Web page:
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Forecasting liver toxicity before the damage is done

Using toxicity data from thousands of chemicals, researchers developed a computational program that predicts whether a drug candidate is likely to cause liver damage.

by Erika Gebel Berg
March 21, 2016

Structures of Tadalafil, Etodolac, Frovatriptan, and Yohimbine.
Credit: ACS Chem. Res. Tox.
These four drugs are all in the same family, triptans, and share a tryptamine-like core. Despite their similarities, a computational model correctly identified which molecules are hepatotoxic (Tadalafil, Etodolac, and Frovatriptan) and which molecule is not (Yohimbine).

The liver takes the brunt of the job of clearing drugs from the body, subjecting the organ to a significant toxicity risk. One of the biggest challenges in drug discovery is figuring out which drug candidates are likely to harm the liver before testing the agents in humans. Now, researchers have developed a computational model that compares a drug candidate to those known to cause liver damage and predicts whether the novel drug is likely to do the same (ACS Chem. Res. Toxicol. 2016, DOI: 10.1021/acs.chemrestox.5b00465).

Many pathways are involved in liver toxicity, says Denis Mulliner of Sanofi-Aventis. The standard approach for identifying hepatotoxicity is animal studies, but an agent that is fine for animals may still not be safe for humans. “It’s especially hard to predict, which is a problem for patients,” Mulliner says. Even after rounds of human clinical trials, liver toxicity might only appear after a drug is on the market because damage may occur only rarely or take a long time to develop. Ideally, if scientists could pull potentially harmful drug candidates from the pipeline early, they could avoid embarking on expensive and time-consuming animal studies and human clinical trials, says Mulliner. Computational models that predict a pharmaceutical’s potential toxicity could make drug development faster, cheaper, and safer.

Most of the earlier toxicity models provide only a yes or no answer, Mulliner says. He wanted a more nuanced response that included how confident the model is about its prediction. “Sometimes we get an outcome that says, ‘we don’t know’,” he says. “It’s not very satisfactory, but it’s better than saying there is no problem.” In addition, existing computational approaches use chemical databases that are too small or too homogenous to make good predictions for novel drug candidates.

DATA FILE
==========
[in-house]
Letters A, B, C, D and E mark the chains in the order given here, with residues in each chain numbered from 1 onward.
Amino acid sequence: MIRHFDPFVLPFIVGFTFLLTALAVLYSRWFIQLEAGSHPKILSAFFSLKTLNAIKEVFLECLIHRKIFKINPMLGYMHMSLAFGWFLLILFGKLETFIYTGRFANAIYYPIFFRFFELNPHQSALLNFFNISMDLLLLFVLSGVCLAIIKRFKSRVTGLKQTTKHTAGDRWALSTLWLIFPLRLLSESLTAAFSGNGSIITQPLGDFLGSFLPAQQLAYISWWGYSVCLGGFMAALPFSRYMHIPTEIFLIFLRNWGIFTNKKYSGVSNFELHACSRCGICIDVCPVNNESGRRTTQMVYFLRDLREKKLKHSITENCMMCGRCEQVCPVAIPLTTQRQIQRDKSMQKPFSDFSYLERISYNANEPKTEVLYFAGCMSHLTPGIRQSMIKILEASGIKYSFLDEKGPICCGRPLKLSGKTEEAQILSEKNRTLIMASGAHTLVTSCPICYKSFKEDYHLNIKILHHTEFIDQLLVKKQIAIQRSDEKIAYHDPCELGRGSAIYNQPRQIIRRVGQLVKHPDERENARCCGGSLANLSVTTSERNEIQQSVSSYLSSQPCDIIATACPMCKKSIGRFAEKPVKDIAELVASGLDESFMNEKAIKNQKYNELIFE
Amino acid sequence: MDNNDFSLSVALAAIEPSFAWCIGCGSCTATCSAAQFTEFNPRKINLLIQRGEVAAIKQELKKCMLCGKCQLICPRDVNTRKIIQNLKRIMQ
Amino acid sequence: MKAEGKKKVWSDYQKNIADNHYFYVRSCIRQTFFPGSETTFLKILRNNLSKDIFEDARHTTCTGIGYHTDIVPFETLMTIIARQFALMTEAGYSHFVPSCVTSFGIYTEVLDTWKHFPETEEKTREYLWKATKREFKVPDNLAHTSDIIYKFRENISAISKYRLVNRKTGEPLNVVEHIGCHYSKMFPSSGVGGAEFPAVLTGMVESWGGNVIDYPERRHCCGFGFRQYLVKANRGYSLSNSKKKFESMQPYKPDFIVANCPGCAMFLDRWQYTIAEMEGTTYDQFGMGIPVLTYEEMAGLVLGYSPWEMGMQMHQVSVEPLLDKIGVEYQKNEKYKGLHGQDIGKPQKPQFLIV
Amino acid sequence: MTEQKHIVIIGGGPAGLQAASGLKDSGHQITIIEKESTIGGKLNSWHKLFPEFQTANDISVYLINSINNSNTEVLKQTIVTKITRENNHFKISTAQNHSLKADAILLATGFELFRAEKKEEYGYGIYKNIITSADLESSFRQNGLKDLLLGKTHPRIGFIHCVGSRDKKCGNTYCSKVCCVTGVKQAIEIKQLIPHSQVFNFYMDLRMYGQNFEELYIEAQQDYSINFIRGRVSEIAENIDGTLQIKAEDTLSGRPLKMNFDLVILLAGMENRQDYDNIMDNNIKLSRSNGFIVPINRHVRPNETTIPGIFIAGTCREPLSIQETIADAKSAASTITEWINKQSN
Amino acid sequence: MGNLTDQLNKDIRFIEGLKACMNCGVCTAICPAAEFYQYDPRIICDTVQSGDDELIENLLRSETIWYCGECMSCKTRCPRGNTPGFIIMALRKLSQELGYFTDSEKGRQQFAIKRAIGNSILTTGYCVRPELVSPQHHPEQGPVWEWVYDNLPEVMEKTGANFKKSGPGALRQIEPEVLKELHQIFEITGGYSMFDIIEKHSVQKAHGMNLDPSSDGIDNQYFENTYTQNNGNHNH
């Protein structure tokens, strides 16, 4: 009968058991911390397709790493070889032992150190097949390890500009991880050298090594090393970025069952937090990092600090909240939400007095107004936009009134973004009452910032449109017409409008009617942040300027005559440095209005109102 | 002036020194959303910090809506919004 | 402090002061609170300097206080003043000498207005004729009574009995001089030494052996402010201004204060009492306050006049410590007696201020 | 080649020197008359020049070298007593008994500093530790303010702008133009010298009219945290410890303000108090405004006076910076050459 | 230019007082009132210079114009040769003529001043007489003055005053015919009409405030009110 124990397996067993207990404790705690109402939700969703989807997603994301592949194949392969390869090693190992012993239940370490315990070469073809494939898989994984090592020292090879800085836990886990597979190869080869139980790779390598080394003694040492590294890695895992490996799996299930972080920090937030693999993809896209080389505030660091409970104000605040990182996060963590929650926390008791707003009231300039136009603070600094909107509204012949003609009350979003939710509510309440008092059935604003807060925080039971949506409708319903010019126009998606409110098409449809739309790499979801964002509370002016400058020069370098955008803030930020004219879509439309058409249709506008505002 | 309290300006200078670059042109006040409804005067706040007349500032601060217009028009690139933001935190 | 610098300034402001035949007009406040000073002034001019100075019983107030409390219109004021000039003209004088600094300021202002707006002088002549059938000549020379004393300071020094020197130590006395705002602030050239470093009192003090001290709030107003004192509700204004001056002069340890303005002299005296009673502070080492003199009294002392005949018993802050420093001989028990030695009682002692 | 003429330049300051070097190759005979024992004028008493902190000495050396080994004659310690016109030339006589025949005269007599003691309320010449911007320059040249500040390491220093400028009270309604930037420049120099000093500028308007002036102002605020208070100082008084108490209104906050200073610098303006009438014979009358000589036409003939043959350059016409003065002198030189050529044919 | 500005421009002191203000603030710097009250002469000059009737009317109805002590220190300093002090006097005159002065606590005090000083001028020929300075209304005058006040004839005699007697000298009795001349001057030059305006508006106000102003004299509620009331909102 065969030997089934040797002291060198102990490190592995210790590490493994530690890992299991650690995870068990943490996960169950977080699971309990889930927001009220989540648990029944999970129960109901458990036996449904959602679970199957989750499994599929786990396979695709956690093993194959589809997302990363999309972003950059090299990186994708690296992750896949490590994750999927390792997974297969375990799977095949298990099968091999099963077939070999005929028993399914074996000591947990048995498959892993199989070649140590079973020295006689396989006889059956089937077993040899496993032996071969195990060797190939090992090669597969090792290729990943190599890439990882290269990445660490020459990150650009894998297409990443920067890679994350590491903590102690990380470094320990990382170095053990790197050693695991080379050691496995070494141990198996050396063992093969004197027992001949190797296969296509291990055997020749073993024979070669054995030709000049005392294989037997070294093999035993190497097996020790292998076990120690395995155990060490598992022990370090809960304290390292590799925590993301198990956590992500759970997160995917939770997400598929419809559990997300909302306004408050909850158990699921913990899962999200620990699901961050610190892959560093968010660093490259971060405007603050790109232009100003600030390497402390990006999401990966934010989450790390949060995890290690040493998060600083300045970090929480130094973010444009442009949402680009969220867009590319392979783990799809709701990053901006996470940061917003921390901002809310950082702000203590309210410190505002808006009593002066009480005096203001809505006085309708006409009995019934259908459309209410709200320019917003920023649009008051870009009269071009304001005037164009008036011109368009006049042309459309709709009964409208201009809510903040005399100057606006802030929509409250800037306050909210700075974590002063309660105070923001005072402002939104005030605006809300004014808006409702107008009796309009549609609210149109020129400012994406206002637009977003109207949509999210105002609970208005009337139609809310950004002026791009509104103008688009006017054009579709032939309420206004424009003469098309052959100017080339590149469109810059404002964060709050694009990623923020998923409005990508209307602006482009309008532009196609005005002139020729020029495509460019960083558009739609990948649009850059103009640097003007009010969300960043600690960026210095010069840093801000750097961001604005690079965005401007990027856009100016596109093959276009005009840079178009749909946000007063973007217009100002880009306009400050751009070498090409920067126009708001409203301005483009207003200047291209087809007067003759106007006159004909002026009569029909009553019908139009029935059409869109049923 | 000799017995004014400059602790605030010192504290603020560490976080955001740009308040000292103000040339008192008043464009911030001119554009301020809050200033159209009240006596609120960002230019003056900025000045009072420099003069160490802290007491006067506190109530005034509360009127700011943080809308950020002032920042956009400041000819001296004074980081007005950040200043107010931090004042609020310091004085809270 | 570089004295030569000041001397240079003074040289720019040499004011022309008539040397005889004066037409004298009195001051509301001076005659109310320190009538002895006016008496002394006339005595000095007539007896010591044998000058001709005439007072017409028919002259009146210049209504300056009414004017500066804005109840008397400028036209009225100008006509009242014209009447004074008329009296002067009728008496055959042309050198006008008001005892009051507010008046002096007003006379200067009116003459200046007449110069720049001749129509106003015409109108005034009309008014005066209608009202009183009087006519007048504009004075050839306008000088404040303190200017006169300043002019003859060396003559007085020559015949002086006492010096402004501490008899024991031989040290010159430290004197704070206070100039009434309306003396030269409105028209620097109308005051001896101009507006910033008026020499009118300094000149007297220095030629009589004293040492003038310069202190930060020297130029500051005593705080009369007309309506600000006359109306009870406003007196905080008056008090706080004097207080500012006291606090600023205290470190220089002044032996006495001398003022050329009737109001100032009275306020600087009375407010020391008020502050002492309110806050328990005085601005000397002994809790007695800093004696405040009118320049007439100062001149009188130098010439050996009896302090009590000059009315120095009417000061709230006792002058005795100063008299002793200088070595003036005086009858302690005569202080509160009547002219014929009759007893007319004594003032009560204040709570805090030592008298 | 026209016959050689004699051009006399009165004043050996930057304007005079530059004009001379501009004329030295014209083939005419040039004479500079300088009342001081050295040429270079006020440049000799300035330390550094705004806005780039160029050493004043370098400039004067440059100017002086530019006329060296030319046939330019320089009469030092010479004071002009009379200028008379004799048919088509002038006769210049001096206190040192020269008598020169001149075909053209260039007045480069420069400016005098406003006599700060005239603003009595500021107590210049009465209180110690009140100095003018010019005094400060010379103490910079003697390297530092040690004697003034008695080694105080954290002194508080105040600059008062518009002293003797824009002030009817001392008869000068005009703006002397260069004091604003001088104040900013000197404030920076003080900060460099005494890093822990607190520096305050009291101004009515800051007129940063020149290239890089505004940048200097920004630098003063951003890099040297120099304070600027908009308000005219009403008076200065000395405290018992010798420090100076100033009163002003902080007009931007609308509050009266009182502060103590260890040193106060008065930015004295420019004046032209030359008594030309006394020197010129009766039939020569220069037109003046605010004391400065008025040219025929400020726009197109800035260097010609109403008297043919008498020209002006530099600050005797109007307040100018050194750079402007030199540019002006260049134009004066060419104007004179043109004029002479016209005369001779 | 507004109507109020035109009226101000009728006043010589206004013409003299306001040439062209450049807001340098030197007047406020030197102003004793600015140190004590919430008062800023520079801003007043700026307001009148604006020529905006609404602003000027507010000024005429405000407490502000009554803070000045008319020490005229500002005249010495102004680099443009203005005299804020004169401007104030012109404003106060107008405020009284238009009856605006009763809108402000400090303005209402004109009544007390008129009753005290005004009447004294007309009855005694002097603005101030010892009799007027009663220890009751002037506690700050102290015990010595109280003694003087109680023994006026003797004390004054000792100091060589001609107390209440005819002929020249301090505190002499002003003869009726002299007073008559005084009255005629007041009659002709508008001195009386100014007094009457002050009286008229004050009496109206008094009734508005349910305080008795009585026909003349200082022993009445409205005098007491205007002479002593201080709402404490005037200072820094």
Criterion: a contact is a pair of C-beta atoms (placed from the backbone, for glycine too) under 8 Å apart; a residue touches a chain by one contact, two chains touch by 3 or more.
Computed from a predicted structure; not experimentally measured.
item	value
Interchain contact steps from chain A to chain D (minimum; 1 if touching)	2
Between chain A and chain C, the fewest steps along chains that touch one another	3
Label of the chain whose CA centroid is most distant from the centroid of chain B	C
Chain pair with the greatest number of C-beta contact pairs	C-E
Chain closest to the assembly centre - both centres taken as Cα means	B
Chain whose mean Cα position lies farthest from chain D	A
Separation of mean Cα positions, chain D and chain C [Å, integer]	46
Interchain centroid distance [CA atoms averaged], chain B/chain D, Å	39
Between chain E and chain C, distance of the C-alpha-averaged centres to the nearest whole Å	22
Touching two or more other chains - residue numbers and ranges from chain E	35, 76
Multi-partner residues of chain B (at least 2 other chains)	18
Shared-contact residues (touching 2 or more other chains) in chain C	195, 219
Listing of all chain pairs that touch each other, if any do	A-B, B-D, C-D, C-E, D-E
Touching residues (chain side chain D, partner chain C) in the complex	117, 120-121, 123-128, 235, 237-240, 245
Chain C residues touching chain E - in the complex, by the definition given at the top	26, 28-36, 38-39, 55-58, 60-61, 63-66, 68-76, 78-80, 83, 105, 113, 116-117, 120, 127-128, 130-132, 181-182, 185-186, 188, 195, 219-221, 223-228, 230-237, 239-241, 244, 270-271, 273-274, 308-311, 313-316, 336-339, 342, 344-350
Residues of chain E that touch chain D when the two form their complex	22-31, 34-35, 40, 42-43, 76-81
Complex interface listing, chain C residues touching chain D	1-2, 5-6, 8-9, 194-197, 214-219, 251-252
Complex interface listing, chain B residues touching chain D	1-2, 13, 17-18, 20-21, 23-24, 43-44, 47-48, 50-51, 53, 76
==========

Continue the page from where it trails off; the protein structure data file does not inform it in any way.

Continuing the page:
So Mulliner’s team developed a model that incorporated human and animal toxicity data from a whopping 3712 compounds—three or more times the number used in most earlier models—organizing the data based on each chemical’s molecular properties and the mechanism of the hepatotoxicity. The model looks for common chemical and structural properties that lead to a particular type of toxicity. They then tested their model with 269 proprietary compounds not included in the database. The hepatotoxicity of these compounds had been tested in animals, and the new model correctly identified 72% of the hepatotoxic compounds. The researchers are sharing this database, along with the model’s source code, with the scientific community “to advance the field of predictive toxicology,” Mulliner says.

Gerhard Ecker of the University of Vienna is impressed by the quality of the model’s database. “It’s by far the biggest data set I’ve seen,” he says. “It’s more robust.”



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